Illegal logging by US-backed warlords and wood harvesting by refugees caused more than one-third of Afghanistan’s forests to vanish between 1990 and 2007
Wars are usually remembered for the damage they inflict on human lives and economies. But there is little record of the deadly impact they have on the environment.
“From the contamination of land to the plundering of natural resources, the environment has long been a silent casualty of war,” says United Nations Secretary-General Ban Ki-moon on marking the International Day for Preventing the Exploitation of the Environment in War and Armed Conflict. According to the UN Environment Programme (UNEP), at least 40 per cent of all internal conflicts of the past 60 years have been linked to the exploitation of natural resources, whether high-value resources such as timber, diamonds, gold and oil, or scarce resources such as fertile land and water.
In Somalia, for example, it is estimated that the illegal trade in charcoal represents annual revenues of up to $384 million for insurgents and terrorist groups. "Our capacity to destroy now is so much greater than it's ever been before," notes World Conservation Union chief scientist Jeffrey McNeely in a report by Worldwatch Institute. US actions in Vietnam in 1960s gave rise to the concept of “ecocide—the deliberate destruction of the environment as a military strategy,” he says, as he cites an example of effects of warfare on environment.
A report by Guardian has cited the non-profit Institute for Economics and Peace to state that only 11 countries in the world are not involved in any conflict, despite this being “the most peaceful century in human history”. Even in relatively peaceful countries, the forces assembled to maintain security consume vast resources with relative impunity. “But in war, the environment suffers from neglect, exploitation, human desperation and deliberate abuse on a terrible scale,” adds the news report.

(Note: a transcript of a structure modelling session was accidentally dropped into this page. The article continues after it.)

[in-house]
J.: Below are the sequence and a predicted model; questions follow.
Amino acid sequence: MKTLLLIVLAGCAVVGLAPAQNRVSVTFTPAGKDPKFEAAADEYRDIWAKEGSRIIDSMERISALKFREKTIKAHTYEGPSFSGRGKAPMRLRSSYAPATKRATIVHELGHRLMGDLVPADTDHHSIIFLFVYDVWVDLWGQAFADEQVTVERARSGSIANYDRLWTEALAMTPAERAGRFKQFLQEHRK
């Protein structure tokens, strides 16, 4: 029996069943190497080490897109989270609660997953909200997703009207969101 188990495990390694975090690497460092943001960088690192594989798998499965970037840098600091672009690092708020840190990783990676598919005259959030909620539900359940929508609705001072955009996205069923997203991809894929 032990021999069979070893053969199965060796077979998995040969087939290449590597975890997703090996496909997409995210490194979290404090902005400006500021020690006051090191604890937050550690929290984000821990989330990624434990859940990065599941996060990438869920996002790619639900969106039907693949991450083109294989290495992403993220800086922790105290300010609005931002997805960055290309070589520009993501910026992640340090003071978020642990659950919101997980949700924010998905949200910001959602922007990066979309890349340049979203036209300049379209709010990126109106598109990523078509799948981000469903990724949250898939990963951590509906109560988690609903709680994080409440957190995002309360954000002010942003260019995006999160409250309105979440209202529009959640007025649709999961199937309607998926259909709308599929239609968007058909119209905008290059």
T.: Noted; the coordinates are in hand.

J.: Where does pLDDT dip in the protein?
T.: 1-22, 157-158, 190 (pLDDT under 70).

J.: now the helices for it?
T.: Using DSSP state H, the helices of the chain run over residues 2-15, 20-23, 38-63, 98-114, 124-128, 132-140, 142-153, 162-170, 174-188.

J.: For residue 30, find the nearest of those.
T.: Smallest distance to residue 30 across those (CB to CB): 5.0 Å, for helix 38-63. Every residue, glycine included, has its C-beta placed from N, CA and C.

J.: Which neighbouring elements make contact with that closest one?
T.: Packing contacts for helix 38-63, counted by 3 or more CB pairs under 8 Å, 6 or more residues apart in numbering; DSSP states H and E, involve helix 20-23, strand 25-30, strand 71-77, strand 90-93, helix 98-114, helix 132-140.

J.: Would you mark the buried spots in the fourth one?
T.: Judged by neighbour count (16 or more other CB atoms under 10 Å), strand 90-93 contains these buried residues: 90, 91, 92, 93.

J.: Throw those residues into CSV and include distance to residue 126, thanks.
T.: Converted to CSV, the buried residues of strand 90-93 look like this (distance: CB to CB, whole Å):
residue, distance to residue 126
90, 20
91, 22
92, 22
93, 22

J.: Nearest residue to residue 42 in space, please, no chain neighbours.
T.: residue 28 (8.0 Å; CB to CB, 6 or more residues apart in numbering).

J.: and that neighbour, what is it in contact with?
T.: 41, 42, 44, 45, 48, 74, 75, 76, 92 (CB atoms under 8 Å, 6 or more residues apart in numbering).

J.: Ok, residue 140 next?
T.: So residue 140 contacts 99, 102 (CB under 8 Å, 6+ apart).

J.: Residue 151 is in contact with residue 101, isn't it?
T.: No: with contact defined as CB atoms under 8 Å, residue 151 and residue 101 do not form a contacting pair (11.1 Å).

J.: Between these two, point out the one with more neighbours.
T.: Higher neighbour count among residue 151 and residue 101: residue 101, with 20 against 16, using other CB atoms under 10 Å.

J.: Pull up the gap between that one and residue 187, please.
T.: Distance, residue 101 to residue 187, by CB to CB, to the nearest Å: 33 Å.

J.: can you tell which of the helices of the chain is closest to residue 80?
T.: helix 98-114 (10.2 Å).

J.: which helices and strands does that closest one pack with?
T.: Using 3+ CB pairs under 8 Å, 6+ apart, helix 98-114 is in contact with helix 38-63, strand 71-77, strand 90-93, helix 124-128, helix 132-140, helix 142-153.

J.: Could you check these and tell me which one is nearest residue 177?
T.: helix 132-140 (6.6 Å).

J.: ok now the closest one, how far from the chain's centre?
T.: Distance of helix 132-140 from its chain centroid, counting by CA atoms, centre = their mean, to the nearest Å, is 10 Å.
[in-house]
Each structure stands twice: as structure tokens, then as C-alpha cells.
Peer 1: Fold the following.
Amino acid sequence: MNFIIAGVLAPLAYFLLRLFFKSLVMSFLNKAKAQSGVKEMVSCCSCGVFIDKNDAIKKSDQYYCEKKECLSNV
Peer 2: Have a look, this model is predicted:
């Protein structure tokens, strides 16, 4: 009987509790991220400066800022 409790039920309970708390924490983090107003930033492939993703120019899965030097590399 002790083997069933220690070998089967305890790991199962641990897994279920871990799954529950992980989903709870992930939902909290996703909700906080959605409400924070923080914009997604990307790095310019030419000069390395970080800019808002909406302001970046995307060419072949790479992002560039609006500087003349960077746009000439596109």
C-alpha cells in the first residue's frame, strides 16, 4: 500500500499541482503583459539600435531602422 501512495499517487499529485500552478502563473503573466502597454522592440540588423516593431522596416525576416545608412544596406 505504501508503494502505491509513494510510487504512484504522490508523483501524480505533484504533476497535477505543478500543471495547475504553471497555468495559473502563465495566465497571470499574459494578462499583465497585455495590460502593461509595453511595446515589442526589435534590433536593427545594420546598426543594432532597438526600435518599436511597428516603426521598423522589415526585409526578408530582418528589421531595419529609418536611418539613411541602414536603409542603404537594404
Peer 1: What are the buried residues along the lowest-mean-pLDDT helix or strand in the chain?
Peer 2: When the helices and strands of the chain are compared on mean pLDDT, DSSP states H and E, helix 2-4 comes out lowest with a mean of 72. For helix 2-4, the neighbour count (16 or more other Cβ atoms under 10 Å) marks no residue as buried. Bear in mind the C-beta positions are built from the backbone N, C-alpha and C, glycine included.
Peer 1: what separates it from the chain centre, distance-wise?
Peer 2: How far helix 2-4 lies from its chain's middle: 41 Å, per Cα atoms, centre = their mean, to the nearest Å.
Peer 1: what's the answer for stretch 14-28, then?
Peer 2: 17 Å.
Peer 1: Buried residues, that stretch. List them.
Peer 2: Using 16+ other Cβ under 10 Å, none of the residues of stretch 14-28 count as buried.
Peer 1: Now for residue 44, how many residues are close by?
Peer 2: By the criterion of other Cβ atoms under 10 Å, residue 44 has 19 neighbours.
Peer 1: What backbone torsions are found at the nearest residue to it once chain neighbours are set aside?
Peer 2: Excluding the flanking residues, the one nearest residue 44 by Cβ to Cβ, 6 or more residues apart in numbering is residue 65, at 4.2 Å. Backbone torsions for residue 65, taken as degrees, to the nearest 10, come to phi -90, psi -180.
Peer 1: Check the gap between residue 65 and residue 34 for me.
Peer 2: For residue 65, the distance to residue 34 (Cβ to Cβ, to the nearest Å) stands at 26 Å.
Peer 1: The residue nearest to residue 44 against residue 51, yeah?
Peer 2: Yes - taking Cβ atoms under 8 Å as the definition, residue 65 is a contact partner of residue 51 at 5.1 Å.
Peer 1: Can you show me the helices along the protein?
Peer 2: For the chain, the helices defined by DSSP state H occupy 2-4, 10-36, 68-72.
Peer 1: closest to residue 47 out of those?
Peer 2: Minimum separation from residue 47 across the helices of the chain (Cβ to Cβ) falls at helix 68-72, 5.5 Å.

“War is more destructive to the environment than any other normal activity that we associate with humankind and as far as the wildlife is concerned, there is very little difference whether we are making war on ourselves or making war on the environment,” says James Porter, professor of ecology in a report published in news website Red and Black. “War causes climate change, with an added 6 per cent rise in carbon dioxide levels in the atmosphere that wouldn’t have occurred otherwise," the report adds. A study by non-profit Costs of War Project could be the closet example of the same. “Illegal logging by US-backed warlords and wood harvesting by refugees caused more than one-third of Afghanistan’s forests to vanish between 1990 and 2007,” it says.
Amid all these shocking numbers and ongoing crises in regions like Africa and West Asia, the UN has called on the international community to reaffirm its commitment to protecting the environment from the impacts of war. Prevention of future conflicts becomes even more important on a time when the world is set to formulate the upcoming post-2015 sustainable development agenda.
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